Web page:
This week's top 3 stories: BMW and Daimler get the greem light, Bird launches trial in London, new rise hailing rules in Portugal.
1. BMW and Daimler get green light from European Commission for joint ventures
German car giants BMW and Daimler's plans for six joint ventures which bring together their on-demand transport offerings gained approval from competition regulators in the European Commission. The joint ventures cover car sharing, ride hailing, parking and electric vehicle charging, amongst other things.
The Commission found that the joint ventures would raise competition concerns for car sharing in Berlin, Cologne, Düsseldorf, Hamburg, Munich and Vienna, where DriveNow (BMW) and car2go (Daimler) have strong positions. The Commission accepted remedies proposed by BMW and Daimler which mean that they will provide API access for third party aggregator platforms to integrate ride sharing into their apps and for Daimler's moovel integrator app to be made available as a platform for other car sharing providers. However, these remedies only apply in the six cities of concern so the joint ventures have a clearer path to cement their position in other European cities.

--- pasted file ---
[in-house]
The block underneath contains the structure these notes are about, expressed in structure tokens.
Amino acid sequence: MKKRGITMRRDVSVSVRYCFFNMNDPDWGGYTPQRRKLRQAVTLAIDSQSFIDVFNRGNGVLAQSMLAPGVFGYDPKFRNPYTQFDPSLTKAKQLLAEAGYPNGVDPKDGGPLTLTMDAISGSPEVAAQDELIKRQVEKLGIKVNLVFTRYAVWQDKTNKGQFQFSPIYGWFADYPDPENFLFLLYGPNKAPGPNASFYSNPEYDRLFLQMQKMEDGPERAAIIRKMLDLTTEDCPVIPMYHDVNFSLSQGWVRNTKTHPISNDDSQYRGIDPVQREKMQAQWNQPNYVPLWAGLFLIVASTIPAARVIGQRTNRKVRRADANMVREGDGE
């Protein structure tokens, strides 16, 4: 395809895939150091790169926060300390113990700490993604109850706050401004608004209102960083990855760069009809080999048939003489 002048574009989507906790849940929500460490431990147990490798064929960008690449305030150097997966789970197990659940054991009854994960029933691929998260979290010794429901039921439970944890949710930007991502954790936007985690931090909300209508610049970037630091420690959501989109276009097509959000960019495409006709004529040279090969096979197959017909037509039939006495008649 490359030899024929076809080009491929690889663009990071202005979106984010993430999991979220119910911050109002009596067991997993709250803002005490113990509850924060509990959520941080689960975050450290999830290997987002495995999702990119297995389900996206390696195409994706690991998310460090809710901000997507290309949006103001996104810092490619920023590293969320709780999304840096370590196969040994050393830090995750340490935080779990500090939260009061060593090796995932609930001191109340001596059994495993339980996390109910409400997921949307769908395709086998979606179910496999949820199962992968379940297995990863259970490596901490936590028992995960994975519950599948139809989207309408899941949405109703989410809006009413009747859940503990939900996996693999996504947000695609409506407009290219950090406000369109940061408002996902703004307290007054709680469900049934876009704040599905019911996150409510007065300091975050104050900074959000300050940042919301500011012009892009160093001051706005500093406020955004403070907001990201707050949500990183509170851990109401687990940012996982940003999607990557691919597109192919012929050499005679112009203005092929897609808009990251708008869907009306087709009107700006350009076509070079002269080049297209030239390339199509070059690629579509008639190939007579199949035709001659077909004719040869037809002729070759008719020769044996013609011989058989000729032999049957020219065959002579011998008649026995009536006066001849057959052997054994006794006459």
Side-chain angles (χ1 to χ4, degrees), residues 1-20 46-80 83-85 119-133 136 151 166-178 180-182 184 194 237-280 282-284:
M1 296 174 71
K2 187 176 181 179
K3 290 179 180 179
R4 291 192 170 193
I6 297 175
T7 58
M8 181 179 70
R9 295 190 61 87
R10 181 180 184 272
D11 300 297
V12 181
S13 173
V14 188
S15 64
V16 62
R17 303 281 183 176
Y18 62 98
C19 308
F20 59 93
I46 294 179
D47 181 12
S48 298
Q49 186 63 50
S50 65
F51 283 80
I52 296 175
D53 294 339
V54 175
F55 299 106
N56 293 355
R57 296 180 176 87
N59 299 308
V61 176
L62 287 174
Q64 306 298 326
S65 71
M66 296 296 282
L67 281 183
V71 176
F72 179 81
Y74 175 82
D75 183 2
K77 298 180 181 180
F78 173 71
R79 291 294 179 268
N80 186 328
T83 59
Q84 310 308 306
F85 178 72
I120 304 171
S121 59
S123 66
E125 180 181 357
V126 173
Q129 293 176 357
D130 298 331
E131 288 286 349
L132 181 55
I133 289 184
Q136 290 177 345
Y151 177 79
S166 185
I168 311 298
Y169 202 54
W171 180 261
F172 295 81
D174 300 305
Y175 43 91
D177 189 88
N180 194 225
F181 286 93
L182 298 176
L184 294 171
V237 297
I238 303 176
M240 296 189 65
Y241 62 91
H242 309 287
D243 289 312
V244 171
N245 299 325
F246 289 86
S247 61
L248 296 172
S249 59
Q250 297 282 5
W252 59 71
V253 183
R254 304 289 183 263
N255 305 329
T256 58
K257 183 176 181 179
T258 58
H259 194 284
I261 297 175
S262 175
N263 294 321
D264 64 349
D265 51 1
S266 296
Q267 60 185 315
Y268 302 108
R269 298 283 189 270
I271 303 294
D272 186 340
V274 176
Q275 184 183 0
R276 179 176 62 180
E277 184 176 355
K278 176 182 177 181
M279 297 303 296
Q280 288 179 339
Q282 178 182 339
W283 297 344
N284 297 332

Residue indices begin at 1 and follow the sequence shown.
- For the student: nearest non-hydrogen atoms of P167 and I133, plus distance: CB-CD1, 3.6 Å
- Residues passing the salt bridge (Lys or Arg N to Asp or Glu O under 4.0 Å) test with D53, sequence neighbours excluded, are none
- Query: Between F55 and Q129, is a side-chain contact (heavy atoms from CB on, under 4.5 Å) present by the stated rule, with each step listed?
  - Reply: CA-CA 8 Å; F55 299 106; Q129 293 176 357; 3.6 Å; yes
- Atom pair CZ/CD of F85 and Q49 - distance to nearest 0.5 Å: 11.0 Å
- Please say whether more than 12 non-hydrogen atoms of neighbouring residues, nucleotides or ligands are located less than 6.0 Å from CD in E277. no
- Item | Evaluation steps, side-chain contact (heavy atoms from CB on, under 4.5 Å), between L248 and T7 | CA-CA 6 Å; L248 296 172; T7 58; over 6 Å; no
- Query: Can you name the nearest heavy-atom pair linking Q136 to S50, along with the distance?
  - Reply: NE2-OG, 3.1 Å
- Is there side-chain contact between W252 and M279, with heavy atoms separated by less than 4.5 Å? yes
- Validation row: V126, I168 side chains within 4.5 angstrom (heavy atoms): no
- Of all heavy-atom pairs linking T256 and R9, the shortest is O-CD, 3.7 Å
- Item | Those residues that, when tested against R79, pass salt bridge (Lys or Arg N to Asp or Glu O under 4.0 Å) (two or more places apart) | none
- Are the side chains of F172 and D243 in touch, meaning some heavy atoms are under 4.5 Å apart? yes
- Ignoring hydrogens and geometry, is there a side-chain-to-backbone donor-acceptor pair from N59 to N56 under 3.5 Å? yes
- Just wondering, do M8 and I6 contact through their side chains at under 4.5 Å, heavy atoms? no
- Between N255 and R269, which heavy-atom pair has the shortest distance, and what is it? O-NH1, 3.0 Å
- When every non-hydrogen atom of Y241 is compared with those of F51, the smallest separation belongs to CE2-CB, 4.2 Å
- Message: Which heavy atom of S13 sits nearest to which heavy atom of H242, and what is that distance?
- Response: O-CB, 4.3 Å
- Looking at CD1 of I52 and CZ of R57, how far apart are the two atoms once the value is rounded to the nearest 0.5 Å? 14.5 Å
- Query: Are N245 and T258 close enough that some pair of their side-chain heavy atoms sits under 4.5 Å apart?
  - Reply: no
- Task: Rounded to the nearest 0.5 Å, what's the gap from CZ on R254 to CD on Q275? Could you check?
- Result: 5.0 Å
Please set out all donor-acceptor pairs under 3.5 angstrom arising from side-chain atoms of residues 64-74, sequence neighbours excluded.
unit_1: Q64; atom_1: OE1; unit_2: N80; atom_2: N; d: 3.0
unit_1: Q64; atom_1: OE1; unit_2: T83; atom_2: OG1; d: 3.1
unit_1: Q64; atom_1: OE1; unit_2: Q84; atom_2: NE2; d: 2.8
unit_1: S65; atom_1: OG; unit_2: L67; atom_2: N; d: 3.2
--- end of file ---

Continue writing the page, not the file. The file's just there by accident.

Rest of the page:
2. Bird launches first commercial electric scooters in the UK
Bird has launched a very limited service on a small strip of private land running from the Westfield shopping centre in Stratford through the Olympic Park to the Here East tech campus. In the UK electric scooters are illegal to use on public roads and pavements, but there's nothing to stop you riding them on private land. Bird say they want to work with government and cities authorities to establish a proper regulatory framework for electric scooters.
3. New ride hailing rules come into force in Portugal
A new law regulating the ride hailing industry has come into force in Portugal. Ride hailing trips will now be taxed at 5%, as opposed to the previous 0.1%, and operators are obliged to obtain a licence, which lasts for ten years. Drivers are obliged to pass a specialist training course, and must have a written contract with the companies whose platforms they use. They are also prohibited from working for more than ten hours a day. Taxi drivers have been protesting against the law in the major cities of Lisbon, Porto and Faro, since September.
This is a weekly note covering the top three developments in the regulation of on-demand transport in Europe. It covers taxis, ride-sharing, car sharing, carpooling, bikes, e-bikes, scooters, shared mopeds and anything else that's relevant to the sector.
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David’s is an experienced public affairs practitioner with a background in competition regulation and a particular focus on technology, mobility, telecoms and internet infrastructure. He leads Inline's mobility practice.